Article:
20 October, 2006@12:00 am
Amid the recent explosion of the hyphy movement in the Bay Area, longstanding groups in the region like Zion I are proof that there’s a whole ‘nuther side of hip-hop up that way. It’s not that this Oakland duo’s music doesn’t bump, but Zion I’s ever-evolving beats and rhymes equal a sound that usually transcends individual scenes of-the-moment. The same could be said for former Oaktown native, The Grouch (of the Living Legends), who joins forces with Zion I’s Amp Live and MC Zion on the new album Heroes In The City Of Dope. This ambitious collaboration is arguably the most universal effort yet from either of these acts.
On the surface, this album’s title may seem a little self-righteous, but while Zion and The Grouch are trying to evoke change with their raps, they’re not doing so from an elitist stance. As The Grouch raps on the bottom-heavy track “The Faint of Heart”, “I’m the Skywalker / I talk the way I wanna be/but sometimes how I am and that don’t always agree.” Simply put, these cats realize that they’re only human. And whether they’re capturing the state of paranoia the government has created for non-”patriotic” Americans these days (“Current Affairs”) or paying respect to the women in their lives (“Make U Fly” feat. Esthero), Zion and The Grouch consistently craft intelligent yet easily digestible raps.
While both Zion and The Grouch remain easy to relate to, some of the album’s best tracks see these MCs unveil elements of their lives that most listeners have probably yet to experience themselves. Take “Trains and Planes”, which features Zion and The Grouch painting an admirable portrait of what it’s like to regularly travel the globe as performers over Headnodic’s melodic beat. Then on “10 Fingers 10 Toes 10lbs 10oz”, The Grouch divulges in how having a daughter changed everything in his life: “I swore I had shit figured out before / baby, the old me went right out the door / I just want to be the father / folks rarely do / stand up and be there for you.”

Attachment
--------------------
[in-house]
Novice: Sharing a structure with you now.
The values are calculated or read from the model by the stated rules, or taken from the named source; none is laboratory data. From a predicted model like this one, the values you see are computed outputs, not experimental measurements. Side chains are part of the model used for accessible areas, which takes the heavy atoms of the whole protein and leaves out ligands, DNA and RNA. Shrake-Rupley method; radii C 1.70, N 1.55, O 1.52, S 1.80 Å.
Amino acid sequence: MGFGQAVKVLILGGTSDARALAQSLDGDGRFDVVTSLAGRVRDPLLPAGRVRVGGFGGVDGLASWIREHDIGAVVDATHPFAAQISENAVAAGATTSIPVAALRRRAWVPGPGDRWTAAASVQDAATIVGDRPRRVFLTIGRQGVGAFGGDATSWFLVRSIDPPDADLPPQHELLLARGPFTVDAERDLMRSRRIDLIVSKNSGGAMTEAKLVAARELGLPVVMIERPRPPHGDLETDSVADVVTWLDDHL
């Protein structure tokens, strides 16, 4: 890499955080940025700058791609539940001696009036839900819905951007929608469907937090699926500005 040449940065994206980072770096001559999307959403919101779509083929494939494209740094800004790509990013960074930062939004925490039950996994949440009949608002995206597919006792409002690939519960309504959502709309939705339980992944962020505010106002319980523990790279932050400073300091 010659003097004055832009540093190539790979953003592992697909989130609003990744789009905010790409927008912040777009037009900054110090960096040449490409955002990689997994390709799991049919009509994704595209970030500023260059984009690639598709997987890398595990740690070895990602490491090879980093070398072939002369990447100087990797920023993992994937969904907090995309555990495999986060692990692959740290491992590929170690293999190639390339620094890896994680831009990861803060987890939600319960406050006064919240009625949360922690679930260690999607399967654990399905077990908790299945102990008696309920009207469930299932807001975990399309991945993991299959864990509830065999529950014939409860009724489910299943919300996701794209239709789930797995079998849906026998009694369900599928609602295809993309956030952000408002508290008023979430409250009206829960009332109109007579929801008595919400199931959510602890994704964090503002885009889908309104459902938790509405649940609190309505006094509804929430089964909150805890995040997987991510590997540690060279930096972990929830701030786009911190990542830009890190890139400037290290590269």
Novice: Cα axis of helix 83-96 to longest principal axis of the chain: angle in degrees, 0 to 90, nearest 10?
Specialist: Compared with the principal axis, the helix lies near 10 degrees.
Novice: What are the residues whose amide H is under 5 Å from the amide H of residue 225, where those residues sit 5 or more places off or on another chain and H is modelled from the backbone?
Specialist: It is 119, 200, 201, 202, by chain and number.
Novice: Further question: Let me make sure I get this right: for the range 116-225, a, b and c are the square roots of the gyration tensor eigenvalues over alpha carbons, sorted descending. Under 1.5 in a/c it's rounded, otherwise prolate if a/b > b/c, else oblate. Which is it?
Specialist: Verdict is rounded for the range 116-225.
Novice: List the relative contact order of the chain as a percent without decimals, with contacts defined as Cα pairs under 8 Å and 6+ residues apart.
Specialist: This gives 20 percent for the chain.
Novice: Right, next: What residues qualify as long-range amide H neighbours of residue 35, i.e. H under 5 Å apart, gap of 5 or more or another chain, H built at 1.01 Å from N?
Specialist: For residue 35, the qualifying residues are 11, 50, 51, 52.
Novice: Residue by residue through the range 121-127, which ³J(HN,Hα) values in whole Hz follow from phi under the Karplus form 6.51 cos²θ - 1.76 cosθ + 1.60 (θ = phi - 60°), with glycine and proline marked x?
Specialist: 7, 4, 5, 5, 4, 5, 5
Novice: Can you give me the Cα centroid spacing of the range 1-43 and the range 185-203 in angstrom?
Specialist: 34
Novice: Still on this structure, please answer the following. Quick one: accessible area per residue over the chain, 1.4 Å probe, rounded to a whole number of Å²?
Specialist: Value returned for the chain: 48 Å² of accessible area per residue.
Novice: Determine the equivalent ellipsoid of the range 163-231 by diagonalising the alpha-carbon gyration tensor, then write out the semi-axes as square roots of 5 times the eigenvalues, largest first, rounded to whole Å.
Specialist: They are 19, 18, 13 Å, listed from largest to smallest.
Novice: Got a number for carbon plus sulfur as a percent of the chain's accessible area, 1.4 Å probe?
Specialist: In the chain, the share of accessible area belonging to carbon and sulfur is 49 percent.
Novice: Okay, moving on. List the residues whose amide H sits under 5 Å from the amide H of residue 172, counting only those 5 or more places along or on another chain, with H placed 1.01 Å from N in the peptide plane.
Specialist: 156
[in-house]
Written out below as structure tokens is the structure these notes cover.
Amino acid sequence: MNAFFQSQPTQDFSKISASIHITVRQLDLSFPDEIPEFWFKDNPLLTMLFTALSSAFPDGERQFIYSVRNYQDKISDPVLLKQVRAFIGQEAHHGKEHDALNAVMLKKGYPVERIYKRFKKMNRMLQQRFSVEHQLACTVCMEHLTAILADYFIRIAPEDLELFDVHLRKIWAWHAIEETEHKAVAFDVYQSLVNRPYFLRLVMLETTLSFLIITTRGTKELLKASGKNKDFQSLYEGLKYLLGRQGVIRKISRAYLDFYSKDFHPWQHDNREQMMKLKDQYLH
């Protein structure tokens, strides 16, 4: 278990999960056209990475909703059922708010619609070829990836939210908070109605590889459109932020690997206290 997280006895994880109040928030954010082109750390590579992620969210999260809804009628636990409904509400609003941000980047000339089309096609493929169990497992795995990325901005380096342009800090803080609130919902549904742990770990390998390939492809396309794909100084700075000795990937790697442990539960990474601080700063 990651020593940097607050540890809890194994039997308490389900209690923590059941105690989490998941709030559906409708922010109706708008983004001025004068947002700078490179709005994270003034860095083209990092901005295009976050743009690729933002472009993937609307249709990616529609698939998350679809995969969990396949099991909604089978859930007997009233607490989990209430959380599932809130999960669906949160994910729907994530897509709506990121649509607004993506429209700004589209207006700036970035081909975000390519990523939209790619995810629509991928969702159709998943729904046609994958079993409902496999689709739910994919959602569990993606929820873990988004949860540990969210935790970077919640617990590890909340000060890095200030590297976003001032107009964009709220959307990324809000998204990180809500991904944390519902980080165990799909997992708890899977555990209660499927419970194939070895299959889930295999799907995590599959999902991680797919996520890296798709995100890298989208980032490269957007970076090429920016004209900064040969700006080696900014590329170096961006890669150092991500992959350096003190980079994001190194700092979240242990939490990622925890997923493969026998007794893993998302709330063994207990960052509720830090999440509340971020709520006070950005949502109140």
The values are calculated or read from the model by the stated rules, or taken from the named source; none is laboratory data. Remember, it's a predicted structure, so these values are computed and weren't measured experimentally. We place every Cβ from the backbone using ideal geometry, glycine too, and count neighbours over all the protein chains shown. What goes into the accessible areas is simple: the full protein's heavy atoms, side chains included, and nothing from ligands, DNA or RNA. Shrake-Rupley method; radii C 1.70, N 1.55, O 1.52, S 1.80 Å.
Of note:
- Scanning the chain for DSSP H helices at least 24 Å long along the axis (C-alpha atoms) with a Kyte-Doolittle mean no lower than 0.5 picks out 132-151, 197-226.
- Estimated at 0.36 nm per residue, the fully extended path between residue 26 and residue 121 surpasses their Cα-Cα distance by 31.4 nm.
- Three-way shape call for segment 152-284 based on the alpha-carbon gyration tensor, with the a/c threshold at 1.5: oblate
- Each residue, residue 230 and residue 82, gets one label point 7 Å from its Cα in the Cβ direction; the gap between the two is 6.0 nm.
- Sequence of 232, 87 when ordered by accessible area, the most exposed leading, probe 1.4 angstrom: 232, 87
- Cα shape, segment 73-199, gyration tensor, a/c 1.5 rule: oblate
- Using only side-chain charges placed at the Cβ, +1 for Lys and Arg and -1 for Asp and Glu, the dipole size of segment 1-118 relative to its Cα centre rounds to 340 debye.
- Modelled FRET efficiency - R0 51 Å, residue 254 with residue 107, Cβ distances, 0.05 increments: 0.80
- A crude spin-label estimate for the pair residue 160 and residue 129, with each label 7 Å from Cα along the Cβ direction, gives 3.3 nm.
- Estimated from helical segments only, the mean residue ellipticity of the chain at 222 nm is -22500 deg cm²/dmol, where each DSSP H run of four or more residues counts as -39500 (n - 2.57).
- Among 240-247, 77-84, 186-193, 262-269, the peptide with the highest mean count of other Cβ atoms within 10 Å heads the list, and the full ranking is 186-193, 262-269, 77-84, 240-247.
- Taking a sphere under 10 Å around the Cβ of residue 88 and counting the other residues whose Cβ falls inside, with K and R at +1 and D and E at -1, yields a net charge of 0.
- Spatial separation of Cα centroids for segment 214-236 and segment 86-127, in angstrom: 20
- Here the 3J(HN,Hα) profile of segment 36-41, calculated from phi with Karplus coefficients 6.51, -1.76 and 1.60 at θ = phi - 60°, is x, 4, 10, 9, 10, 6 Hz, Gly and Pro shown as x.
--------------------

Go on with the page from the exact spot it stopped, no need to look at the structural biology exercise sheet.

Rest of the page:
All throughout, the palette of subject matter is remarkable – so much so that there is a little something for (almost) everybody. While they don’t kick any mind-blowing metaphors, Zion and The Grouch’s strength lies in their versatility and articulation. Moreover, the Cali thump provided by producers Amp Live, Headnodic, Eligh and The Grouch is typically right on-point. Amp Live specifically deserves props for extending his sound on a few cuts like on the danceable ska-inspired production of “Kickin It” (a track which is incidentally a rough throw back to Boogie Down Production’s “9mm Goes Bang”). Sure, there a few beats, like The Grouch’s instrumental for “Open The Door”, which could have been injected with a little more gusto, but all in all, the production is as solid as the rhymes.
With the year quickly coming to a close, it’s no long shot to call Heroes In The City Of Dope one of the best independent albums to come out of the West Coast in 2006. After putting out countless releases amongst their own crews, the union of Zion I and The Grouch was just what both these acts needed to propel their careers.
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